- one gallon of milk (we used Vitamin D milk from Kroger)
- this cheese making kit from Amazon
- pots and stirring things
- a colander
- water and ice
First, you have to mix up the citric acid and milk in a pot and heat it up:
After it hits the necessary temperature, you need to cover it and let it sit. Of course we only figure out entirely too late that we don’t have a cover for that particular pot. Time to improvise!
Once that’s done, you should have a layer of semi-solid curds floating on the top. Cut them up. The texture was really strange, neither cheeselike nor milklike. Not at all what we were expecting, but apparently it’s what it was supposed to be at this point.
Once they curds have been cut apart, you have to put it back on the heat and stir for a while again. The curds start breaking up and eventually vanish, never to be heard from again! (not really, they just sank)
Next, you have to drain off the whey. Technically, you can make it into ricotta cheese, but we didn’t this time. The kit comes with enough supplies to do this about 30 times though, so I’m sure it’s something we’ll try in the future.
All cheesed up and nowhere to go. It’s kind of amazing how much this already looks like cheese and there are still a fair few steps left to go.
They said to stretch it. I decided to let gravity help!
This is the fallout in the pot. At least it doesn’t look too terrible to clean up.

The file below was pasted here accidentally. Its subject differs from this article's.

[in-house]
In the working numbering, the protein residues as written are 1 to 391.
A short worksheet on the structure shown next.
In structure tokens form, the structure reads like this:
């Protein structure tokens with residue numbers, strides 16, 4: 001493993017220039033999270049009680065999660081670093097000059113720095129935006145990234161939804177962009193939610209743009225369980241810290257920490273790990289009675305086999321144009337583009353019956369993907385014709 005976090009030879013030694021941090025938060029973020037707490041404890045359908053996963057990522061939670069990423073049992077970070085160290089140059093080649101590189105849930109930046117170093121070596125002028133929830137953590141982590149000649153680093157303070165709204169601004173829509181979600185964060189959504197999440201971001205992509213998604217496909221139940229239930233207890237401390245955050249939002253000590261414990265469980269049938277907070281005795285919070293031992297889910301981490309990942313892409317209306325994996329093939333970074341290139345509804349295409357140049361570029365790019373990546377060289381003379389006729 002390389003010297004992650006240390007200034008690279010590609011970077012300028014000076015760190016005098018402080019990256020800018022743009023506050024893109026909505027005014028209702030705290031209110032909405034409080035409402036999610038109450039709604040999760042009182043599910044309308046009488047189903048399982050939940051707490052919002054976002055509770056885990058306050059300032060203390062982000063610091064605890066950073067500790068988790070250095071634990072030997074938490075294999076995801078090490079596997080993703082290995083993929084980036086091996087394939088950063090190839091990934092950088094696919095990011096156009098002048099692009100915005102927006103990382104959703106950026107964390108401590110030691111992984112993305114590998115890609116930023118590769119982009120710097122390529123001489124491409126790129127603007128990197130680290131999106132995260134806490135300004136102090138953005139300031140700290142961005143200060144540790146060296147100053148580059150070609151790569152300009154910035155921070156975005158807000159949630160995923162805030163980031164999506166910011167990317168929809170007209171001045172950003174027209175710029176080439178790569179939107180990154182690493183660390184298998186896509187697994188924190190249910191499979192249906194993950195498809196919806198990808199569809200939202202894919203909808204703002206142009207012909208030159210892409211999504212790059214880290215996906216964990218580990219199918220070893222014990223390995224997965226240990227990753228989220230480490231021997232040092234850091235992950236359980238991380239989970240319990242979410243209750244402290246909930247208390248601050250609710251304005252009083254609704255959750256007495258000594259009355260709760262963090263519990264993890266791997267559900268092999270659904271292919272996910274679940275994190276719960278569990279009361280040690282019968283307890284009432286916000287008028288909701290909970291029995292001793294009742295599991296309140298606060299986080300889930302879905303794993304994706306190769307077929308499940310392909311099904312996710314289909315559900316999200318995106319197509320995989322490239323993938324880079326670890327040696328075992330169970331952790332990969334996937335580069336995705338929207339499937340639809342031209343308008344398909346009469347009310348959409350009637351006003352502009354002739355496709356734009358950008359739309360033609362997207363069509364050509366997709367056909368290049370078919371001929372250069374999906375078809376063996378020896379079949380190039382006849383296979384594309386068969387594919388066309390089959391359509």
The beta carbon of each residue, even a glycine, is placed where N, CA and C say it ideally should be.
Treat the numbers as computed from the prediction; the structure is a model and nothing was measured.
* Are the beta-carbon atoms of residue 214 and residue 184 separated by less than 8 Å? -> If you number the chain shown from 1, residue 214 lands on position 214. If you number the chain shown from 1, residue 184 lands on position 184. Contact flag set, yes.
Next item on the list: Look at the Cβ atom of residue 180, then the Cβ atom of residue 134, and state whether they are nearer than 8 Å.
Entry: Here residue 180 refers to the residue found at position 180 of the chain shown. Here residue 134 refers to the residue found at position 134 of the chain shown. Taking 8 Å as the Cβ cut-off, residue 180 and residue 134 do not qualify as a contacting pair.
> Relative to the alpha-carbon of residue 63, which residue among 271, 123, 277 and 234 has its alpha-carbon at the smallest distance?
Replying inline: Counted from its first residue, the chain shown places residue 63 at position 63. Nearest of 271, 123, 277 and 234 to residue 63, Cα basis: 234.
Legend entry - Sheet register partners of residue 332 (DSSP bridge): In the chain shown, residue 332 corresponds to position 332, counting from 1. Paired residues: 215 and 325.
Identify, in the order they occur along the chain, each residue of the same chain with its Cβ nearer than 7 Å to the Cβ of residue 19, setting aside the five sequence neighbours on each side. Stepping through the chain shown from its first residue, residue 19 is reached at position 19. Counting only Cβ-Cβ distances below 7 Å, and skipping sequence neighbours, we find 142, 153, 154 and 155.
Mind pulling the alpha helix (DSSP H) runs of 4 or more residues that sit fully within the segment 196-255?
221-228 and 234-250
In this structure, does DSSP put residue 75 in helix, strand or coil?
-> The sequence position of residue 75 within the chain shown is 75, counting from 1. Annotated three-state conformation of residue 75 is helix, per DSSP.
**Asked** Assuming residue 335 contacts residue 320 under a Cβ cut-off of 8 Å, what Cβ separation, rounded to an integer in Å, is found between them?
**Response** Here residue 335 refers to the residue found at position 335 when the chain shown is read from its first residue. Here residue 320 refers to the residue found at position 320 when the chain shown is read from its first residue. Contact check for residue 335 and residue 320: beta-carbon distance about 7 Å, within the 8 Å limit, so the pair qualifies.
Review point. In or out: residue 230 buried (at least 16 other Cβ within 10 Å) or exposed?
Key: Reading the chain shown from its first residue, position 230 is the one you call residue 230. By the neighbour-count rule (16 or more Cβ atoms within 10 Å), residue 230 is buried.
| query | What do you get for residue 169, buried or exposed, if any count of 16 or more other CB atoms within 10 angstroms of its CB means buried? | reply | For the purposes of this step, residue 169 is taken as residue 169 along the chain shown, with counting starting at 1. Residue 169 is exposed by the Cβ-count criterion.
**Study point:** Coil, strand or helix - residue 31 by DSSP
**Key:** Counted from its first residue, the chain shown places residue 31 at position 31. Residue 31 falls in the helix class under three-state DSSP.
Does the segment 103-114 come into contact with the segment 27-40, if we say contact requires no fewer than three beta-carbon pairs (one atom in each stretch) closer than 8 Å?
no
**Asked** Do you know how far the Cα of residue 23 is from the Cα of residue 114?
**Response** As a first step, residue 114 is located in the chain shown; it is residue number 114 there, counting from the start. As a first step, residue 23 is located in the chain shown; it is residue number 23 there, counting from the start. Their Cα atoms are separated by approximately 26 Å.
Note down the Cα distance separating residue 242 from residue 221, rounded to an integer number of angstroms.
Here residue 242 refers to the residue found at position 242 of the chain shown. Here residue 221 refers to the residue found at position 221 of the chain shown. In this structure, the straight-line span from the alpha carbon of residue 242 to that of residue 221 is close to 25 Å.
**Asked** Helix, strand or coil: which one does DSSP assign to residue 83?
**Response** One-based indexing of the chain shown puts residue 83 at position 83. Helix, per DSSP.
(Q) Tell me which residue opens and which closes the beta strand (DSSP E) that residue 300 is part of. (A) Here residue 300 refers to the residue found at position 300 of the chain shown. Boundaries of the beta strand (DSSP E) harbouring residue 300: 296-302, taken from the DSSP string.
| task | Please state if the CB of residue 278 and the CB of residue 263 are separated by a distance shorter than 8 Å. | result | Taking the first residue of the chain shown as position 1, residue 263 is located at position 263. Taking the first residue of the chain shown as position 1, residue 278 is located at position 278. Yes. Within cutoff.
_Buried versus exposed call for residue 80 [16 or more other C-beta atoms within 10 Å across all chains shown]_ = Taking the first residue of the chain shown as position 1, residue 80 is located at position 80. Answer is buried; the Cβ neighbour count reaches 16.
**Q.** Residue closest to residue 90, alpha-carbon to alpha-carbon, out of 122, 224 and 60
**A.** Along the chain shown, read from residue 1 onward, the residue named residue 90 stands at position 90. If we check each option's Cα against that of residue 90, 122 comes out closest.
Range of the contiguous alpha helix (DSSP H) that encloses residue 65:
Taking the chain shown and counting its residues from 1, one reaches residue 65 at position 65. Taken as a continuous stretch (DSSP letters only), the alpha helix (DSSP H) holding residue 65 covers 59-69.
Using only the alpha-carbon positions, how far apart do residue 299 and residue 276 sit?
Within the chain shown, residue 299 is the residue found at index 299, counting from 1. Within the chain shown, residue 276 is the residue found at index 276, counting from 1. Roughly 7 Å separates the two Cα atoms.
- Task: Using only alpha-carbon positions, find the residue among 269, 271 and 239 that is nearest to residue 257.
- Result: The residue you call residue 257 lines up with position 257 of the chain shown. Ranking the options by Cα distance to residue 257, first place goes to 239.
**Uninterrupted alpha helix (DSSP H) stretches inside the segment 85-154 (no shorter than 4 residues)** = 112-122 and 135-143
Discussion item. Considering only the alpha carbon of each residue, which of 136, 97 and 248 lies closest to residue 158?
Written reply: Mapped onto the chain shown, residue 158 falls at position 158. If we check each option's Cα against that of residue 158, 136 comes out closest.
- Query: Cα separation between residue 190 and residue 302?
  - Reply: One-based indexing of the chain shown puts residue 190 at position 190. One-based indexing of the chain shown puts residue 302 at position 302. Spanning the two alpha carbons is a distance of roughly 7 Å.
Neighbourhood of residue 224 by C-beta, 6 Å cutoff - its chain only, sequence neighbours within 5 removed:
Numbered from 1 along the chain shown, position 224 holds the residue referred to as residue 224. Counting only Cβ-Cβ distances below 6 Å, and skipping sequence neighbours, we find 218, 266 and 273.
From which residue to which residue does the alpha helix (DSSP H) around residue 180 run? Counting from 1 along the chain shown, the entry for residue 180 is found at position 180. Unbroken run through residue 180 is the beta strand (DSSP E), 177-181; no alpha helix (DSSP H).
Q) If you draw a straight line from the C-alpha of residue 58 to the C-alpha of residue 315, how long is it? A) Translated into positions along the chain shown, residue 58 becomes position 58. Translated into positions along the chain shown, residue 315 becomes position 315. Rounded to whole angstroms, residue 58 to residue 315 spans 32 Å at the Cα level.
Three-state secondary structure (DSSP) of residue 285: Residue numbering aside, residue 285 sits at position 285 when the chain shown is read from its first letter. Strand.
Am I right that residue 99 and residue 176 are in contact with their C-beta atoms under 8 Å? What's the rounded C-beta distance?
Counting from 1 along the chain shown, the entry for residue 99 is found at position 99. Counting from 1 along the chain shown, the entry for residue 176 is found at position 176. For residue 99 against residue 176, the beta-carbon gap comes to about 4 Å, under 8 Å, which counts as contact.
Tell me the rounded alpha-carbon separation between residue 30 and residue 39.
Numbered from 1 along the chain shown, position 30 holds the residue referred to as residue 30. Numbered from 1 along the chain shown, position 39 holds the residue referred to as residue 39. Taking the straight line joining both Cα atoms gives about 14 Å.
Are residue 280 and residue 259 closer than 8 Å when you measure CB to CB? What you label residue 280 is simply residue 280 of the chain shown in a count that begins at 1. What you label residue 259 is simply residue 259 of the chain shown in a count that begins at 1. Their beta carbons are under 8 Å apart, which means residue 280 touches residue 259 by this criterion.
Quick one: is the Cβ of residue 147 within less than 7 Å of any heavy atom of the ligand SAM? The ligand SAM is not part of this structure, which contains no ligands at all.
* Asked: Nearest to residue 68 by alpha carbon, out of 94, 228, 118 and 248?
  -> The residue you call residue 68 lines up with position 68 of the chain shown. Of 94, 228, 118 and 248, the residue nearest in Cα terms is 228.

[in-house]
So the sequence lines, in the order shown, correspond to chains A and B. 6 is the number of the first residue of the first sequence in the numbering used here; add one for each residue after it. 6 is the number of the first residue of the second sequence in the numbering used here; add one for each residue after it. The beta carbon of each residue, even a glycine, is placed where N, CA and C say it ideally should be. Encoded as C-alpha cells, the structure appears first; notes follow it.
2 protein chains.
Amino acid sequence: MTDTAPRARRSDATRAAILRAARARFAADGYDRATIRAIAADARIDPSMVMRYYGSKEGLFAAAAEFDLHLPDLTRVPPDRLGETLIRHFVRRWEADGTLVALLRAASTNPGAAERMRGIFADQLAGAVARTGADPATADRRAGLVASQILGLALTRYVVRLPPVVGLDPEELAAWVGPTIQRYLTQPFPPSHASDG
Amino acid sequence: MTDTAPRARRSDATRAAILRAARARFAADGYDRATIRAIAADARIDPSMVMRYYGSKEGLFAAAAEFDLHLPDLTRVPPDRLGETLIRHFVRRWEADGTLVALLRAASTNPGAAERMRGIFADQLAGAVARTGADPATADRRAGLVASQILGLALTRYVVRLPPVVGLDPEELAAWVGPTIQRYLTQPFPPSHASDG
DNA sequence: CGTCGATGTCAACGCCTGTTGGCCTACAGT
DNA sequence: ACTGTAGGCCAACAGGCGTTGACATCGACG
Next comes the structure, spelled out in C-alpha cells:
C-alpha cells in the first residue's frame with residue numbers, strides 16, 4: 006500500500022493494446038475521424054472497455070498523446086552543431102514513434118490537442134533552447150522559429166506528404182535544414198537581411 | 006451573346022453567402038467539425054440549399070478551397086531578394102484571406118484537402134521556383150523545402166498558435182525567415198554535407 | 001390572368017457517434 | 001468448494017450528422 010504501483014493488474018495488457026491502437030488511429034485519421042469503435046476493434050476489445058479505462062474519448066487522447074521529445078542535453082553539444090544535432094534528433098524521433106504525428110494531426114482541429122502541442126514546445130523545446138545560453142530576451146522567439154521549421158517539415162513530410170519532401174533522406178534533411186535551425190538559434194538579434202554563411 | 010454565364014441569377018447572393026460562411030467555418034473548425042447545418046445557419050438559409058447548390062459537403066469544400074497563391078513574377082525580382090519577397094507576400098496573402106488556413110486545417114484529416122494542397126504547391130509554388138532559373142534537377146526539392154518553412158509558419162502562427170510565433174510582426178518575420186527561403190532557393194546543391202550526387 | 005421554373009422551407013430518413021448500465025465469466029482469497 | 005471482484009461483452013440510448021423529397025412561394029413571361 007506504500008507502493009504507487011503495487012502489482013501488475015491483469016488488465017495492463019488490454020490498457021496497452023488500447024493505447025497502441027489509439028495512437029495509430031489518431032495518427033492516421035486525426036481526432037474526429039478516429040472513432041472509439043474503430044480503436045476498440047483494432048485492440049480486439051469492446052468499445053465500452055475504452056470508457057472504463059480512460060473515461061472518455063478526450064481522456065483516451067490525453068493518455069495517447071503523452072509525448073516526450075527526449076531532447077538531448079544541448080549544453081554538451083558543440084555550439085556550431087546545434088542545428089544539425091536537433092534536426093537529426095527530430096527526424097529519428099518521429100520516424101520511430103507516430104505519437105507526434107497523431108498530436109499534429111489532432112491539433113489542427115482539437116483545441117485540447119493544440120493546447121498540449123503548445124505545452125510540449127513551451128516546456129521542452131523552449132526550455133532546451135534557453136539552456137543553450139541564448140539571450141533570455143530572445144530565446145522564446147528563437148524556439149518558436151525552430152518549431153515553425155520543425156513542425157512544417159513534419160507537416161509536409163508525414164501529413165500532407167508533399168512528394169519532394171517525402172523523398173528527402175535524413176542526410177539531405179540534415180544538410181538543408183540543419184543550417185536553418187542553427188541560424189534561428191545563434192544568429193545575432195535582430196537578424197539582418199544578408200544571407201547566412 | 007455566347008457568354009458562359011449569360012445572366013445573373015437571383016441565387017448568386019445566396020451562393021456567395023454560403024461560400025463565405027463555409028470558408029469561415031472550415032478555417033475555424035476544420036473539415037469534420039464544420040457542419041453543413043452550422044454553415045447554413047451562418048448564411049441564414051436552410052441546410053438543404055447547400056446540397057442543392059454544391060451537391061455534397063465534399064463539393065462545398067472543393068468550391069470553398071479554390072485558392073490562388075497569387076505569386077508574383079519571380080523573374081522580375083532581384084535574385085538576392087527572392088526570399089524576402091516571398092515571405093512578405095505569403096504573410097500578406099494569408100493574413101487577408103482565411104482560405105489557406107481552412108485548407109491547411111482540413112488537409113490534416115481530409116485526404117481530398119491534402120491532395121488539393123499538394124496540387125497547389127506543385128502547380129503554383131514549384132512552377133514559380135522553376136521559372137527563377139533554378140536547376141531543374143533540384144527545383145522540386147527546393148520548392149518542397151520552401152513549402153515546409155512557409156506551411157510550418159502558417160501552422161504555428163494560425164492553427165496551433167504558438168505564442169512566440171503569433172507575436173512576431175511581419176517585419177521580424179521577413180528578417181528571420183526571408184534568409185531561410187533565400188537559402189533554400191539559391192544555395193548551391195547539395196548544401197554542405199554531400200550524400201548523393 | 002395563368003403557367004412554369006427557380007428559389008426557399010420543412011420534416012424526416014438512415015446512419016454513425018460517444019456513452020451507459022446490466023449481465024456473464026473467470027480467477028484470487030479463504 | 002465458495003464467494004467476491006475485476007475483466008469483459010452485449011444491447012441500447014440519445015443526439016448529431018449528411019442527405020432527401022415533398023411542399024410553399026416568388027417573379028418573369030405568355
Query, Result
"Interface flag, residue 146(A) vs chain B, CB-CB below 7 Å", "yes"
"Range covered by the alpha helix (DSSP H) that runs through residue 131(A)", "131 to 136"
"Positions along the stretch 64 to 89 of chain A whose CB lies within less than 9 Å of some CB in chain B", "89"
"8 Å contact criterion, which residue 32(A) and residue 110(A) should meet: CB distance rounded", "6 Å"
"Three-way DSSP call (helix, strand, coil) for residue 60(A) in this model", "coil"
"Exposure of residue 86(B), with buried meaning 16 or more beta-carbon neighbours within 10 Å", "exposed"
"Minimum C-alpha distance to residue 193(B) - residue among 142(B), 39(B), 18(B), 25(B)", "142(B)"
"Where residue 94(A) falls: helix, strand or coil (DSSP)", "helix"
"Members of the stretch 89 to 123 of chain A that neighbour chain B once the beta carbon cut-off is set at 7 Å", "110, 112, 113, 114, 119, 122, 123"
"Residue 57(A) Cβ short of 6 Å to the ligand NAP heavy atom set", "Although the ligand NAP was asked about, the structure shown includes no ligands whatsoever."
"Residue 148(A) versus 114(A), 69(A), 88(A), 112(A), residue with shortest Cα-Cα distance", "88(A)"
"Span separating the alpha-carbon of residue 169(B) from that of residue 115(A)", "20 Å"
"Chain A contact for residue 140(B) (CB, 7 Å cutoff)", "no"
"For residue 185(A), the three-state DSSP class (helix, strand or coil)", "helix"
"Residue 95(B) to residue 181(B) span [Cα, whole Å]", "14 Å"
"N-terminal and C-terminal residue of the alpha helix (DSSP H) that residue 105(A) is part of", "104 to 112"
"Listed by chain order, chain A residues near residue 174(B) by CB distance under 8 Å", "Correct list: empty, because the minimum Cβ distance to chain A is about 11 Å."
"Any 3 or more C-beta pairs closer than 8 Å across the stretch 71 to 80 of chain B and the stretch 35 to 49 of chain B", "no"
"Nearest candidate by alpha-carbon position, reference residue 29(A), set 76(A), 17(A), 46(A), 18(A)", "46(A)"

The next step is to shape it. They’re not entirely specific onto what shape to use, so I made a cheese brain! It wasn’t entirely intentional, but when the shape semi-randomly showed up, we were good to go.
The next two steps are to put the cheese in cool water than ice water. For the second time, we found that we were missing something we probably should have had: ice. Luckily the mini-fridge needs to be defrosted anyways, so I broke off a few chunks. Completely sanitary? Maybe not. Did it work? Definitely!
Here we have the final product. The cheese-brain has become something of a cheese-butt, but it looks delicious either way.
The first taste test was on a pepperoni. Delicious.
The second test was to make pocket pizzas on the Foreman Grill, since we already had the pepperonis and sauce for another weekend project.
End result? Delicious. We’re totally going to have to do this again!
I’m not sure what the cost comparison is, but I think that it’s actually pretty close to just buying cheese from the store. And this way you can mix in any number of spices or seasonings to keep things interesting.